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|Title:||The Role of Pressure Vessel Embrittlement in the Long Term Operation of Nuclear Power Plants|
|Authors:||BALLESTEROS AVILA ANTONIO; AHLSTRAND Ralf; BRUYNOOGHE Christiane; VON ESTORFF Ulrik; DEBARBERIS Luigi|
|Citation:||NUCLEAR ENGINEERING AND DESIGN vol. 243 p. 63-68|
|Publisher:||ELSEVIER SCIENCE SA|
|Type:||Articles in periodicals and books|
|Abstract:||The lack of new build of plants over the last twenty years has resulted in a switch within the industry from design, construction and development of new systems to the strengthening of safety systems and to the life extension, or long term operation (LTO), of existing reactors. The most relevant component of any nuclear power plan (NPP) is the reactor pressure vessel (RPV). This is because currently the RPV is still considered irreplaceable or prohibitively expensive to replace. This means, that if it degrades sufficiently, it could be the operational life limiting feature of the NPP. A RPV operational life of 60 years is being considered frequently by many utilities in their plant life management programmes. Areas of improvement facing long term operation are the reduction of uncertainties in the embrittlement parameters of irradiated vessels, and the development of embrittlement trend curves at high fluence levels, where surveillance data are scarce. Different techniques can be used to upgrade the surveillance programmes, as the use of miniature or reconstituted specimens and the application of best estimate assessment tools (e.g. Master Curve). Several relevant international research projects are on-going or have been proposed to clarify the material condition of long operated vessels. Knowledge management is a complementary tool, but not for it less important. The general context for LTO of RPVs is presented in this paper. Starting with a review of relevant embrittlement issues still open, followed by presenting the different techniques and tools that can be used to support LTO, and summarising the scopes of relevant European and American projects and activities in this research area. Finally, the European approach to knowledge preservation and consolidation is presented.|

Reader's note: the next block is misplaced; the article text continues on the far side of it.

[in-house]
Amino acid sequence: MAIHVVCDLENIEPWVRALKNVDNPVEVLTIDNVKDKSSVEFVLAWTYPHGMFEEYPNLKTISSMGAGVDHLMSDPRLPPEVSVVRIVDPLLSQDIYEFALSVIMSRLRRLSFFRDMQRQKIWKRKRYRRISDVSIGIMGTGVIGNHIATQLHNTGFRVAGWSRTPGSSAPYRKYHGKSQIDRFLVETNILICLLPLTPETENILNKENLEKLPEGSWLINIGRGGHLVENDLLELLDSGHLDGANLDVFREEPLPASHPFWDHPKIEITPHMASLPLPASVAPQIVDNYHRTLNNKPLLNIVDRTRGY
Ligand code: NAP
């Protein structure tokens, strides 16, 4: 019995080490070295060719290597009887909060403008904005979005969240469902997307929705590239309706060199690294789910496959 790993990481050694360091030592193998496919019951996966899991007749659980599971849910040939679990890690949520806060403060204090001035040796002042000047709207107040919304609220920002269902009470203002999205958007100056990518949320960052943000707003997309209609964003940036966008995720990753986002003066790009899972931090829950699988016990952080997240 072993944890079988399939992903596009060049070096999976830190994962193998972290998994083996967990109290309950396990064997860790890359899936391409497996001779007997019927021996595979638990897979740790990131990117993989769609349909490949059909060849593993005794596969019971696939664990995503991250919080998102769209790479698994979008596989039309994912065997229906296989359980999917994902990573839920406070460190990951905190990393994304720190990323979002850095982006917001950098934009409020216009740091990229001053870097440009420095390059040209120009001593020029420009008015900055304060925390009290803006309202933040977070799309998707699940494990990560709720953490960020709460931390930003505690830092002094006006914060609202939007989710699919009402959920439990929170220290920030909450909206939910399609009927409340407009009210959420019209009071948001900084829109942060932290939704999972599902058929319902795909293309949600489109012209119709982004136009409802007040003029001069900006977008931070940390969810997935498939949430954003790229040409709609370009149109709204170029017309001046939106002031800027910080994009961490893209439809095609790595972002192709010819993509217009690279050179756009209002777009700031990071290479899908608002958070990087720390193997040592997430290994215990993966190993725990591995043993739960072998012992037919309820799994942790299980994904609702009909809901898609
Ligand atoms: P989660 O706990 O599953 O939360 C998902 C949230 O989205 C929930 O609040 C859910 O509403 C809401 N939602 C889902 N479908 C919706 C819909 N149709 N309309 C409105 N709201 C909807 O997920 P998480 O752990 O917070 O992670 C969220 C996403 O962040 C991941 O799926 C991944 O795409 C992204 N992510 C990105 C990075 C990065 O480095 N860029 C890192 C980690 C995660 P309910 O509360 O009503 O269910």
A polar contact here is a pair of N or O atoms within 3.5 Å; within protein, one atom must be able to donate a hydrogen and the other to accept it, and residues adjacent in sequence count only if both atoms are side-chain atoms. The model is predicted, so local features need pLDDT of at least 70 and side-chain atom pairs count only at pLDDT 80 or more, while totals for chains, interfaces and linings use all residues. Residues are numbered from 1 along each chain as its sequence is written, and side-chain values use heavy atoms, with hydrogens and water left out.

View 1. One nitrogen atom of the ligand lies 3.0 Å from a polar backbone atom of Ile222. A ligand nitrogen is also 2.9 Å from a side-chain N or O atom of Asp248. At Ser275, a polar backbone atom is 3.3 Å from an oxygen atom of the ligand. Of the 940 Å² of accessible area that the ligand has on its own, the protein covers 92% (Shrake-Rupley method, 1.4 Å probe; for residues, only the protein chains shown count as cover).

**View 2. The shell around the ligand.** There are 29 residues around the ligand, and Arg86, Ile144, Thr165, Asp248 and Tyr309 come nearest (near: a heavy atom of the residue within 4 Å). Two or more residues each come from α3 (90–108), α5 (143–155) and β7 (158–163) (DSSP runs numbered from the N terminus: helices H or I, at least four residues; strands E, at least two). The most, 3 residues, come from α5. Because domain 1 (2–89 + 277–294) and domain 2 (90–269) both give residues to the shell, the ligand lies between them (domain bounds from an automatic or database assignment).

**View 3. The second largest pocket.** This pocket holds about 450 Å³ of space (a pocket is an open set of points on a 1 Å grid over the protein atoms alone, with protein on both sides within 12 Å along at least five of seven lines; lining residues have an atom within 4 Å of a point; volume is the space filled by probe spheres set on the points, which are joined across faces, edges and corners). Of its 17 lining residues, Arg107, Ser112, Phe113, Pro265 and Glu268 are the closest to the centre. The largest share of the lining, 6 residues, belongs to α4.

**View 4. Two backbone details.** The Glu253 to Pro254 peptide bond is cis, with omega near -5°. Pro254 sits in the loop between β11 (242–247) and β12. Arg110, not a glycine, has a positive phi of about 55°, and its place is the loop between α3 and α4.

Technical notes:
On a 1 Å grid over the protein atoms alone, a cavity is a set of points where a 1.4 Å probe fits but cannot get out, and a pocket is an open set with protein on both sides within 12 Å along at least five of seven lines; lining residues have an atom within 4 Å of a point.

|JRC Institute:||Institute for Energy and Transport|
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